JANUARY 31 2003
TROUBLESHOOTING GALVANIC (SACRIFICIAL) CATHODIC
PROTECTION SYSTEMS. Galvanic cathodic protection is inherently maintenance-free.
The current is merely a result of the potential difference of the two metals. Recurring
maintenance checks are performed to ensure continued satisfactory performance.
Galvanic anodes sacrifice themselves to protect the structure. They normally consume
themselves at a constant rate and failure can be predicted by current measurement
Common Problems. The most common problem in sacrificial anode
systems are shorts around or failure of dielectrics on isolated protected structures. Due
to the very limited voltage, sacrificial anodes usually cannot supply sufficient current to
protect the structures if isolation is lost. On well-coated structures, the contact
resistance to earth is high. Other metals in the earth that are not coated have a very
low contact resistance, providing a low resistance path for anode current. Maintaining
the dielectrics in an isolated system is essential to continued satisfactory performance
of sacrificial anode systems. See paragraph 7-7 for detailed procedures to locate failed
dielectrics. One failed dielectric can result in loss of protection for the entire system.
Lead Wires. Failure of the anode lead wires is uncommon, since copper
exposed by nicks or insulation defects are cathodically protected by the anodes.
However, these wires can be cut by extraneous excavations. Exercising control over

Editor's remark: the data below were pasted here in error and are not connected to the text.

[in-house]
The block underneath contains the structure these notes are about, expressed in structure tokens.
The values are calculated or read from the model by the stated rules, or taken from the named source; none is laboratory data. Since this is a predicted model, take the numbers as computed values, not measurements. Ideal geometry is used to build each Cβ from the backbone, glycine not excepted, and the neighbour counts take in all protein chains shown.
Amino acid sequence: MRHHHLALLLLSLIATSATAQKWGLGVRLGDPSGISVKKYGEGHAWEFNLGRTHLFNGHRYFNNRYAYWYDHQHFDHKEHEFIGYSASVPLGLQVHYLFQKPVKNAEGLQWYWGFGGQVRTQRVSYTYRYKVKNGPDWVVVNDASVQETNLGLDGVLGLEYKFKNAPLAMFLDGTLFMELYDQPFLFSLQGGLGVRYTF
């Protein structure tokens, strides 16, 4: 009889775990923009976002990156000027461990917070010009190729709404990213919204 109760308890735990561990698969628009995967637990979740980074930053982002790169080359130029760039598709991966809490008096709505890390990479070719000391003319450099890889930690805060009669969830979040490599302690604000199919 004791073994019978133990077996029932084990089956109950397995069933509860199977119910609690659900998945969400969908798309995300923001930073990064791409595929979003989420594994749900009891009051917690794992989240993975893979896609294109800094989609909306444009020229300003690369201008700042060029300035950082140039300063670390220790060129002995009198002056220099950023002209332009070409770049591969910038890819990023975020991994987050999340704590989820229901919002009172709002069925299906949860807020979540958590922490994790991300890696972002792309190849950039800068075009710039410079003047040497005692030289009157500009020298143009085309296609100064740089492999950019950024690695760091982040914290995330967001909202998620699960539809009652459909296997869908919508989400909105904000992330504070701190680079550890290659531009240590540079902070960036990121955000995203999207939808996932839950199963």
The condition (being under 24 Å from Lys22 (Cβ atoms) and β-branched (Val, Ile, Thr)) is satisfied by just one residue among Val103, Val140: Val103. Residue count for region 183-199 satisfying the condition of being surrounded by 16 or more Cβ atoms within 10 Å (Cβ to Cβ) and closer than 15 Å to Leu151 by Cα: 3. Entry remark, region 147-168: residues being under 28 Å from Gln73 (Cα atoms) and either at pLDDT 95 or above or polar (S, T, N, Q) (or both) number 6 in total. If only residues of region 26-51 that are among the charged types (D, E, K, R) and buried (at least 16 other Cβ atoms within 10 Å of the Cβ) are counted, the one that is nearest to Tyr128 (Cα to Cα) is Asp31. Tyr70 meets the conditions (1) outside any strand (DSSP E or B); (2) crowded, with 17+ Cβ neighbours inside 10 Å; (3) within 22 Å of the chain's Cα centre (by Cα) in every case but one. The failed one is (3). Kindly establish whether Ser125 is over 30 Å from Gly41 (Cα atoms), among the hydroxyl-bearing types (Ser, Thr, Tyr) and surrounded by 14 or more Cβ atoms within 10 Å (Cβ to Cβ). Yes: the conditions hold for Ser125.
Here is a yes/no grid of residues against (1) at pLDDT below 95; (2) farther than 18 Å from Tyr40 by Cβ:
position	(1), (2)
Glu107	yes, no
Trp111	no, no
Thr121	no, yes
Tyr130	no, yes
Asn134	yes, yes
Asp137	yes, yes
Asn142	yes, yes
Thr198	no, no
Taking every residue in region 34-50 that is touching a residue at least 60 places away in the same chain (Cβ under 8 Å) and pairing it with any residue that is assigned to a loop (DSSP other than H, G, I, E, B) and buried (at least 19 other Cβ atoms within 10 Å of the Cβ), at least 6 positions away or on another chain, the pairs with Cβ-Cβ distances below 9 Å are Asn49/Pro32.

digging permits in the areas of the anode ground beds may ensure that if the wires are
cut, they can be repaired on site, before backfilling occurs. Troubleshooting to locate
the break at a later date is usually not successful, and replacement of a prematurely
failed anode is more economical in almost all cases. A sudden zero anode current
output reading indicates probably failed lead wires.
Anode Consumption. When sacrificial anode systems reach the end of
their useful life, potential, current, and voltage measurements begin to change. When
performing recurring maintenance, a significant drop in anode current indicates
imminent failure of the anode. Potential measurements over the protected structure will
begin to show dips or drops in the areas of failed anodes. A significant drop in anode
potential indicates a failed anode. Anode current may actually reverse after failure, due
to the copper center tap of the anode being cathodic to the protected structure. When
drops in the potential of the protected structure begin to occur, a closer inspection
should be made to determine the extent of the damage to the anodes.
Improper Use. Except on small or extremely well coated structures, such as
underground storage tanks or short pipelines with butyl rubber/extruded polyethylene
coatings, it is normally not economical to replace a distributed galvanic anode system.
When galvanic anodes begin to fail on a distributed system, impressed current cathodic
protection should be considered.
. Although impressed current cathodic protection